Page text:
Dialogues Between Neuroscience and Society: Food for Thought
Enjoying a meal is a rich sensory experience, with an array of smells, tastes, and colors. The human nose can distinguish roughly 1 trillion scents, and we recognize five building blocks of taste: sweet, salty, sour, bitter, and savory. Even seeing the colors in a meal causes us to form perceptions of how the food should taste and smell based on previous experiences and logic.
The brain is responsible for shaping our perceptions of taste and smell, and for saving these culinary experiences in our memory.
At Neuroscience 2014’s Dialogues Between Neuroscience and Society Lecture, noted chef, restaurateur, and former Top Chef contestant Bryan Voltaggio will discuss how he experiments with flavor and strives to create new culinary treasures that entertain and transform the way his guests think about food.
A panel of neuroscientists will join SfN President Carol Mason on stage to sample and discuss a variety of dishes prepared by Voltaggio. The panelists, experts in fields related to memory and smell, are:
- Barry Everitt, University of Cambridge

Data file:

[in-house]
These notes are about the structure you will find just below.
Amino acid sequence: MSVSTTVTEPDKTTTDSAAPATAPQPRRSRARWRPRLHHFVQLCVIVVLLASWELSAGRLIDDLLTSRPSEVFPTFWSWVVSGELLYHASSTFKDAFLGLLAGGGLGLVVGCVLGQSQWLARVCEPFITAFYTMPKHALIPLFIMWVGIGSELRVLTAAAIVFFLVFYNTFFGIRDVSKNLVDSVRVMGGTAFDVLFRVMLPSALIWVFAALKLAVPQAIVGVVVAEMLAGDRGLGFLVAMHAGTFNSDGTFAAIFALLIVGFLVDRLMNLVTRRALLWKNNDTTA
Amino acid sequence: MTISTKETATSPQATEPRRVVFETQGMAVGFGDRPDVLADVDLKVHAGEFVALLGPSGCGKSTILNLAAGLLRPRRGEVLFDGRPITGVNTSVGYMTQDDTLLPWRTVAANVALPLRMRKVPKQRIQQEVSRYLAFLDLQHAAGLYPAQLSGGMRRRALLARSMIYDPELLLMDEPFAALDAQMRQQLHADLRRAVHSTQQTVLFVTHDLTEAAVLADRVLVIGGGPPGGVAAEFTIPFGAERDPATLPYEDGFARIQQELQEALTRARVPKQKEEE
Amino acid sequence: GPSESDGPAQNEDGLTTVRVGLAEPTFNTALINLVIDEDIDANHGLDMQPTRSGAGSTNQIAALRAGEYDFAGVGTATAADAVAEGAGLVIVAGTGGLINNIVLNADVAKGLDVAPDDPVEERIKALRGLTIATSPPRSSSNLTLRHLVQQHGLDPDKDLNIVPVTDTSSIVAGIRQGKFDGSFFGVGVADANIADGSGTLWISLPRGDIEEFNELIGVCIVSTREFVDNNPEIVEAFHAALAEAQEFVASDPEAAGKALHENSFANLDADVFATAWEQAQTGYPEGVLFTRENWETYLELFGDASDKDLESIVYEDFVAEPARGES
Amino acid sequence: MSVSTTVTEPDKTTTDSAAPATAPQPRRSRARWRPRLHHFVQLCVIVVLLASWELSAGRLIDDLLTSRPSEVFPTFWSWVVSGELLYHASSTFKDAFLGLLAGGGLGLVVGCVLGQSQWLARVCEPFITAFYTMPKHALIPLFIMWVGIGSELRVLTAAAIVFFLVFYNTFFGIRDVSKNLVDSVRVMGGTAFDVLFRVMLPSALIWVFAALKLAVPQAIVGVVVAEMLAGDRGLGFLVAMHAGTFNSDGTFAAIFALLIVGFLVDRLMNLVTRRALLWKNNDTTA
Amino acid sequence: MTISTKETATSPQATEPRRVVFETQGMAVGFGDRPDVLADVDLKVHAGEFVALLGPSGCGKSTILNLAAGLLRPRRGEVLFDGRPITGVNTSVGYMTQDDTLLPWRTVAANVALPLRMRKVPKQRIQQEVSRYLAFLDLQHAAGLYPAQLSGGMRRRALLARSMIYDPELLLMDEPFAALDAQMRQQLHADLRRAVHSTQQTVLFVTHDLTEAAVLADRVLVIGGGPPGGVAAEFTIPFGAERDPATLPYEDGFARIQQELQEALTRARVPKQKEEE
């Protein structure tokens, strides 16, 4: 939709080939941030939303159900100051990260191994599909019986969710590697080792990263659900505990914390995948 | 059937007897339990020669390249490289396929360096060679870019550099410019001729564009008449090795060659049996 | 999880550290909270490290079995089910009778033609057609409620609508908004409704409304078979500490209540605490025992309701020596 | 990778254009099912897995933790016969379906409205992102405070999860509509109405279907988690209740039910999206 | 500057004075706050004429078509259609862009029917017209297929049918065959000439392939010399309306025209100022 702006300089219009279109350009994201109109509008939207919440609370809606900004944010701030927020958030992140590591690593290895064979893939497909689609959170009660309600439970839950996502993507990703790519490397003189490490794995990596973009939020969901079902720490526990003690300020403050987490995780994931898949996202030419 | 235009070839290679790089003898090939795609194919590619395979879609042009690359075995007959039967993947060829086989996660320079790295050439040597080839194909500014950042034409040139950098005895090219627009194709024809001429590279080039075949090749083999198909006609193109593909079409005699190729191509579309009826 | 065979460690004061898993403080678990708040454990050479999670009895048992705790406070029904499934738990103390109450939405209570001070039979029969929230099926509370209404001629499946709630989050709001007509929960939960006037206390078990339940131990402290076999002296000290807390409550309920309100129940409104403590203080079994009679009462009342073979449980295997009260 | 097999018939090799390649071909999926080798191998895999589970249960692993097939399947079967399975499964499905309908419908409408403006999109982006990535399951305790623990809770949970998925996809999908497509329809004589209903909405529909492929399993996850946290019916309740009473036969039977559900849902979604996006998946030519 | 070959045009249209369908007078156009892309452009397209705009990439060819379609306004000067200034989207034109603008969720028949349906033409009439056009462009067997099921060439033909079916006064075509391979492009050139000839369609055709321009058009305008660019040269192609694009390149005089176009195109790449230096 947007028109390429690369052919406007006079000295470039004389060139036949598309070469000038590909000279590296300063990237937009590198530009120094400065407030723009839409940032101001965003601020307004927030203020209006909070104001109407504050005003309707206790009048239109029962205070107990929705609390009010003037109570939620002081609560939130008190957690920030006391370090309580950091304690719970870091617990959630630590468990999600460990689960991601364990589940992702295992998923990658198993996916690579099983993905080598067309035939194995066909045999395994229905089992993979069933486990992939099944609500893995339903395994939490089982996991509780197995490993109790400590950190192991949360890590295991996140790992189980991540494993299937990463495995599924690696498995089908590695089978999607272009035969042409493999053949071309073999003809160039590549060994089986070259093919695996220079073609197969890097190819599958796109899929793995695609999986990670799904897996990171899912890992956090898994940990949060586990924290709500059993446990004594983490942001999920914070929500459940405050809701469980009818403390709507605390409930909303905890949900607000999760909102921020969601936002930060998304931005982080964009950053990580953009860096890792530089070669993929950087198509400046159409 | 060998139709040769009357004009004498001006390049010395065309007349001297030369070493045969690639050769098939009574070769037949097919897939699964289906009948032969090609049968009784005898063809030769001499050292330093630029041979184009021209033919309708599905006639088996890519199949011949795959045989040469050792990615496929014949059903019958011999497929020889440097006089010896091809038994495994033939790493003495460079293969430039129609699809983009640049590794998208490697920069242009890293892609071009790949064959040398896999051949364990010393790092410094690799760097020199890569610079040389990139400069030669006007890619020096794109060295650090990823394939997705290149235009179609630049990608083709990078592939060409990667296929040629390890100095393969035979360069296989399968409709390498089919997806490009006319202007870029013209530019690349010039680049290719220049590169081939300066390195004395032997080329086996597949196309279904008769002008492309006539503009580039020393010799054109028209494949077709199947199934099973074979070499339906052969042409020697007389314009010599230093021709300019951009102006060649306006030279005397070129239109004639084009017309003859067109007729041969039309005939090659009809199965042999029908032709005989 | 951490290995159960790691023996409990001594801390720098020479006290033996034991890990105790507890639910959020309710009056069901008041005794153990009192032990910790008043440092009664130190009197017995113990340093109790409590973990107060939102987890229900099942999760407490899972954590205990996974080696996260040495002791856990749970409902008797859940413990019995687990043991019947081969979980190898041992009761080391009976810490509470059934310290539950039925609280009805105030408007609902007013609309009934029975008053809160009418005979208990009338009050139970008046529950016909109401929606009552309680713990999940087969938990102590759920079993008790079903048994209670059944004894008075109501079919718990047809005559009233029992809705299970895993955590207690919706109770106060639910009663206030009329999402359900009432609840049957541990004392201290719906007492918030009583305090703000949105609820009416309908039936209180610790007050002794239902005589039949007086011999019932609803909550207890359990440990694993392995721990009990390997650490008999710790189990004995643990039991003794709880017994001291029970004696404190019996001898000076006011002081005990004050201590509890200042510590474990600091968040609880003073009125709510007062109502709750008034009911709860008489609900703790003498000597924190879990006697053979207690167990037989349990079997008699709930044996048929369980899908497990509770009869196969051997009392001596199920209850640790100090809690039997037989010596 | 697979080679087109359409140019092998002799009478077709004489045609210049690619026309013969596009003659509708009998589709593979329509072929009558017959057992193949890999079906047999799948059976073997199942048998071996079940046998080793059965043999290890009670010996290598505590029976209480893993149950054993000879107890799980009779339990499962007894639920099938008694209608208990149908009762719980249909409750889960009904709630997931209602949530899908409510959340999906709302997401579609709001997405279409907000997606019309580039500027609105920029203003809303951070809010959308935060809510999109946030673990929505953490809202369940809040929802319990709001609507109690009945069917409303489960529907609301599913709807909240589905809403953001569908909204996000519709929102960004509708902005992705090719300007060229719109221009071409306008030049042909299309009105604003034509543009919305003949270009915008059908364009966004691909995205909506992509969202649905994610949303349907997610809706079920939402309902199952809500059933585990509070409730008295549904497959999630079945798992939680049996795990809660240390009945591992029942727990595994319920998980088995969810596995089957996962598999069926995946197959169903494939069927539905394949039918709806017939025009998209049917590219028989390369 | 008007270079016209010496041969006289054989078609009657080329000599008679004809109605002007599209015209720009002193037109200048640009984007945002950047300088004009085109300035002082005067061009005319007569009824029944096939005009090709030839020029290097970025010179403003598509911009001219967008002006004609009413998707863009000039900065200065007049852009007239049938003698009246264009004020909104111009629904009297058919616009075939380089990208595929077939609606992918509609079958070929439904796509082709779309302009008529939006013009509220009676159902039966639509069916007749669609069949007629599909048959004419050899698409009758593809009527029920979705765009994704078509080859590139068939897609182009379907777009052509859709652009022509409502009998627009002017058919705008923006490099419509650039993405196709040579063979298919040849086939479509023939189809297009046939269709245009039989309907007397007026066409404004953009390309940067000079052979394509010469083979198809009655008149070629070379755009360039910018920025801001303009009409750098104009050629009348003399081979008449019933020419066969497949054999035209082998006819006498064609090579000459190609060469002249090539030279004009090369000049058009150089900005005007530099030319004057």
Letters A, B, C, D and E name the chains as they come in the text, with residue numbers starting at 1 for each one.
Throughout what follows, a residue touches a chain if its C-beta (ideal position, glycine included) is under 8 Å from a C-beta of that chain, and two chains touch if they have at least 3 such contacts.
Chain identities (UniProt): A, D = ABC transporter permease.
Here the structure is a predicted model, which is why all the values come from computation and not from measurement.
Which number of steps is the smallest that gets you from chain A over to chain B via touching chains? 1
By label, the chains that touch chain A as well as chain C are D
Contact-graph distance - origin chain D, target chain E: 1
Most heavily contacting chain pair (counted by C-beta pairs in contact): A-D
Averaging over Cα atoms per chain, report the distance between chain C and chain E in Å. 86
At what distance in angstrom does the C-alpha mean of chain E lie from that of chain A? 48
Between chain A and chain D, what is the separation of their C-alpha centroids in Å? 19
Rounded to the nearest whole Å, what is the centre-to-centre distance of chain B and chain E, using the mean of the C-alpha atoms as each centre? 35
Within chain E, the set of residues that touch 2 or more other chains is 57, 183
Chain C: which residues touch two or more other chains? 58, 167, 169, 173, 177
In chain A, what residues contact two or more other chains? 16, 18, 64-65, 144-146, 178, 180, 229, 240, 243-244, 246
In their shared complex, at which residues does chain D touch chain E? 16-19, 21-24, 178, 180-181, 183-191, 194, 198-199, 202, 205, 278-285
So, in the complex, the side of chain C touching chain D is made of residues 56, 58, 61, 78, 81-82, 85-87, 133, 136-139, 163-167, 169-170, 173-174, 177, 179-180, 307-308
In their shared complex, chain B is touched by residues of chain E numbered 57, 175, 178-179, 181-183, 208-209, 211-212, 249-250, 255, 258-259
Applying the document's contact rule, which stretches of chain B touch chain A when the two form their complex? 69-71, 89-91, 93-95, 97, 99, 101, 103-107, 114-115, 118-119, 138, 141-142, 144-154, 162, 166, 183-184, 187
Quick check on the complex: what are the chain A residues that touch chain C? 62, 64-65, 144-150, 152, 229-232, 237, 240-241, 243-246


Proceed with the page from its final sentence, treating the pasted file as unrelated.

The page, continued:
- Stuart Firestein, Columbia University
- Leslie Vosshall, Rockefeller University
Following the tasting, the panelists and Voltaggio will respond to questions collected from the audience. “For me, it’s a great opportunity to share what we think about when we’re creating,” Voltaggio said.
He noted that he hopes to build relationships with neuroscientists and learn from them in ways that may influence his creative process in the kitchen. “Anything I can ever learn as a chef in order to make my experiences that much more interesting and give people a reason to come to the restaurant is valuable to me,” Voltaggio said.
The lecture, Food for Thought: Tastes, Aromas, and Memories of Food, is open to the public and will take place from 11 a.m. to 1 p.m. on Saturday, November 15, in Hall D of the Washington Convention Center. Complimentary on-site registration is required.